There are many steps that need to be taken to ensure your safety when travelling in your RV. For example, it is very important to make sure that your RV is protected from propane gas leaks, as propane gas is very flammable. Because propane is heavier than air, it will settle toward the bottom if there is a leak inside of your RV. This is why the RV propane leak detectors are located on the interior flooring level, toward the bottom of the RV. In the past, RV propane leak detectors were very sensitive and could be set off by almost anything. Although RV propane leak detectors are much less sensitive today, they can still possibly be set off by other chemicals, odors, etc. They can also be set off if you have low house batteries. However, even if you suspect that the detector alarm was set off by something other than propane, it is important to exit the camper as soon as possible to ensure safety. If at any time your RV propane leak detector goes off, make sure to shut off the LP system at the valve on the tank, and all of the appliances. Lastly, make sure to have the unit tested before resuming with your usual travelling and activity.
Inspecting your front-end clearance lights is an important part of yearly RV maintenance, and this video takes you through the process. This procedure is important because the lenses on the lights can crack or the seals can come loose, allowing moisture to penetrate. The moisture may do damage by dripping down the front of the…Watch Now >>
RV manufacturers always try to anticipate the needs of their customers while on the road. What’s needed from some people, though, maybe not be necessary for others. While most RVs have adequate lighting installed for almost every general task, sometimes things come up that require more concentrated lighting, even on a temporary basis. That’s where…Watch Now >>
Whether you’re living the RV lifestyle or you’re just using your rig as a rolling hotel, there are still parts of your home life that you won’t want to give up, and favorite television shows are near the top of the list for most people. You may be in the most beautiful wilderness in the…Watch Now >>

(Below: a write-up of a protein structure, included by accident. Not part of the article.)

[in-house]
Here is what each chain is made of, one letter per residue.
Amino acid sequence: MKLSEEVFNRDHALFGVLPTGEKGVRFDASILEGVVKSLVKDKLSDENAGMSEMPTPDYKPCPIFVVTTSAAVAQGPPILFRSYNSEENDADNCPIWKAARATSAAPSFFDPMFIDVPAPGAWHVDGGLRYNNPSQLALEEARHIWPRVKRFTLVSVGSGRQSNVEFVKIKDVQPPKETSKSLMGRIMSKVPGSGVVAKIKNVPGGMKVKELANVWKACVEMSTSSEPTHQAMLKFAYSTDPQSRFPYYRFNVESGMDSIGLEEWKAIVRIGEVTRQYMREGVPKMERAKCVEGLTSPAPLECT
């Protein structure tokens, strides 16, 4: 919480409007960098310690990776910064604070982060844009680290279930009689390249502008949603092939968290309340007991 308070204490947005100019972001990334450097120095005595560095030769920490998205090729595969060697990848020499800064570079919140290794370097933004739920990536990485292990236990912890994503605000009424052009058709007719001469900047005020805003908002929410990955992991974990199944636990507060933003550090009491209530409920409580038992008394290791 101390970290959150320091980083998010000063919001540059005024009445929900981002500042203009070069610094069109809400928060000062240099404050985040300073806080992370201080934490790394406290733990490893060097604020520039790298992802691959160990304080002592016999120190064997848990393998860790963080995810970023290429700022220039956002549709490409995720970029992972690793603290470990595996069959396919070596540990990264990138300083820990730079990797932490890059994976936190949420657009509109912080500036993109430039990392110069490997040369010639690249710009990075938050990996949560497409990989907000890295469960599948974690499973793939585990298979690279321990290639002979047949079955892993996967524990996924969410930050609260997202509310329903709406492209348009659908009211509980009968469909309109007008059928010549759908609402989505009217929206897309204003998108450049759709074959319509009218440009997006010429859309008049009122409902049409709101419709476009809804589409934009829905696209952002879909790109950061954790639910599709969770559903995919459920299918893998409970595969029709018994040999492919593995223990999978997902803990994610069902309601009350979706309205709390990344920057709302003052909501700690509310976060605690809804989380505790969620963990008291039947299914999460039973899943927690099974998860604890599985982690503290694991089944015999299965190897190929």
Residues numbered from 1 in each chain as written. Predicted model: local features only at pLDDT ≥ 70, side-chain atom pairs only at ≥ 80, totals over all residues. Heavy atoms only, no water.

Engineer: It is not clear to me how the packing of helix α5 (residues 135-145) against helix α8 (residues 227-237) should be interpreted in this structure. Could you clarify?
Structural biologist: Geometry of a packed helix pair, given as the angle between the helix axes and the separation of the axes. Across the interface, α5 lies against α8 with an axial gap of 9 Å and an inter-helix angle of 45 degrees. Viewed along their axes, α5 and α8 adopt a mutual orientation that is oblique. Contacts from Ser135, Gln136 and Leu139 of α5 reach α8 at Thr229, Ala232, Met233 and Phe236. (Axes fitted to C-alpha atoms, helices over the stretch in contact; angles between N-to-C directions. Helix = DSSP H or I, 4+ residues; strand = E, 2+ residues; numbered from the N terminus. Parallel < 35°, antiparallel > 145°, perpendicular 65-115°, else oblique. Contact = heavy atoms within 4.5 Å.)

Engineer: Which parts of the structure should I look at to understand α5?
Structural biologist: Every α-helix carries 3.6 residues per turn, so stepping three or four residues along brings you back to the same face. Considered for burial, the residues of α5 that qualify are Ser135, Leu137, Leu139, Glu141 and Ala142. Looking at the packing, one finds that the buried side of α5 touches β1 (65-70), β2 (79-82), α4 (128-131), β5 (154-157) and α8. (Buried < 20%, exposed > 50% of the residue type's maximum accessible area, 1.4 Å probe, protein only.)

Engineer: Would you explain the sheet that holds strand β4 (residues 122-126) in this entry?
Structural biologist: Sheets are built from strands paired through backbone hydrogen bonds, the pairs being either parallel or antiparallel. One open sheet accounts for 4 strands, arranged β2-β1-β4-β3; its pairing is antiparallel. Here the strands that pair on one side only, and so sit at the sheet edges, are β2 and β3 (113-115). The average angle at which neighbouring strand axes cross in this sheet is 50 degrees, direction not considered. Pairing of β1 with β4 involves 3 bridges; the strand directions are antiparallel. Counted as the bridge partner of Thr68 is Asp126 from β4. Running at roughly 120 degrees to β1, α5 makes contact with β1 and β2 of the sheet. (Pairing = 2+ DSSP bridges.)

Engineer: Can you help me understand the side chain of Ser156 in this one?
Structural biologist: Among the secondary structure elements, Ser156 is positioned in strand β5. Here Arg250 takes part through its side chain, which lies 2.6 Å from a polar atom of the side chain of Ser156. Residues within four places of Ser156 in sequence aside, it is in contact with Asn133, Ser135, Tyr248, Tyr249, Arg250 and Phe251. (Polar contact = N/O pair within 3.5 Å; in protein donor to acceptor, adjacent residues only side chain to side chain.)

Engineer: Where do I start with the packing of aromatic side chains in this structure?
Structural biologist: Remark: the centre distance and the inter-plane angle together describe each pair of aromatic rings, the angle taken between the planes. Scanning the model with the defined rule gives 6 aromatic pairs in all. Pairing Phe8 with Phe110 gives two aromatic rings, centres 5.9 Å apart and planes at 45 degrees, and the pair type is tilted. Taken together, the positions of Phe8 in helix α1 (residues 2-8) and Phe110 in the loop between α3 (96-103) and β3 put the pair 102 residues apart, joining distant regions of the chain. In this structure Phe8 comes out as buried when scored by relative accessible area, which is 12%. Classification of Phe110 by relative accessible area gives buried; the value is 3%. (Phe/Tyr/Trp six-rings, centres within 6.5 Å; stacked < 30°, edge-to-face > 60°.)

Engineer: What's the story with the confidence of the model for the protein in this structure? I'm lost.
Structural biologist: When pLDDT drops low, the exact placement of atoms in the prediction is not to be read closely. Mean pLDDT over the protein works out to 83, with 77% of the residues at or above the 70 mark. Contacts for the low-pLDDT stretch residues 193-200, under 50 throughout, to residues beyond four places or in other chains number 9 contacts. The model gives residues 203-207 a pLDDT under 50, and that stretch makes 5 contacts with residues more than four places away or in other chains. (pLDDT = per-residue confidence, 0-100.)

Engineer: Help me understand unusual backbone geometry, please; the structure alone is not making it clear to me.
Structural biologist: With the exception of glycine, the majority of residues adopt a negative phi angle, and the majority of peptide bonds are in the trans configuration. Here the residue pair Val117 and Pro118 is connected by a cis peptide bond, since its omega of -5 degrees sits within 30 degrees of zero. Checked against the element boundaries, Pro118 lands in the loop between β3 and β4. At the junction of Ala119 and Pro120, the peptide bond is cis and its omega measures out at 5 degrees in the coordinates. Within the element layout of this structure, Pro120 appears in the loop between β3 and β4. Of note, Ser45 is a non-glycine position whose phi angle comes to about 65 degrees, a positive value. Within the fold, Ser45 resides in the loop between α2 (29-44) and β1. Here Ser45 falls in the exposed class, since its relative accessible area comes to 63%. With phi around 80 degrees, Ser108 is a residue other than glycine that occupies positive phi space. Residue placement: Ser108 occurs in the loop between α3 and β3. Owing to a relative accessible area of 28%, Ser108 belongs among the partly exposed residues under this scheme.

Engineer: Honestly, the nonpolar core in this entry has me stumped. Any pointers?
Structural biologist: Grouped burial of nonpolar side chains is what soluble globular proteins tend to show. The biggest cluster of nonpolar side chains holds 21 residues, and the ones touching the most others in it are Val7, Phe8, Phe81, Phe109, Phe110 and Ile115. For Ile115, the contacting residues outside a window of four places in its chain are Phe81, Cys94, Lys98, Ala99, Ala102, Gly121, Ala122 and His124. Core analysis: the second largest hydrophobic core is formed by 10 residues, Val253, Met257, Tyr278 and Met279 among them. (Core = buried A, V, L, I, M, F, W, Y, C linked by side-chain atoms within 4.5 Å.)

Your RV batteries have two jobs: The automotive battery to start and run the RV engine when you’re on the road, and the Deep Cycle house batteries to run the lights and appliances when you’re using your RV as a home instead of as a vehicle. In both cases, it’s clear just how important the batteries are to your RV life enjoyment. Keep up with RV battery maintenance is the simplest way to make sure you have power to make your coffee every morning, while still being able to start the motor and get you on the road when it’s time to move on.
Like many maintenance jobs, RV battery maintenance may seem like a thankless job that really isn’t needed as often as recommended, but this is one case where you get what you pay for, so to speak. Batteries terminals and connections can corrode in a matter of weeks, and a corroded connection reduces the recharging capabilities of your batteries. When batteries sit in an uncharged state they will not only provide less power, they begin to sulfate. Sulfation is the number one killer of RV batteries.
In this video, you’ll learn the simple techniques for doing a basic RV battery maintenance session. You’ll see how to remove loose corrosion powder from the outside of the battery, and what corroded posts look like when they need care. Find out what comes in a battery maintenance kit and why you need to have every item in there. You’ll see safety tips on the correct way to remove and attach battery cables, as well as hints on preventing damage from battery acid splashes. From visual inspections to using battery post protector, you’ll learn all the steps to RV battery maintenance here.Watch Now >>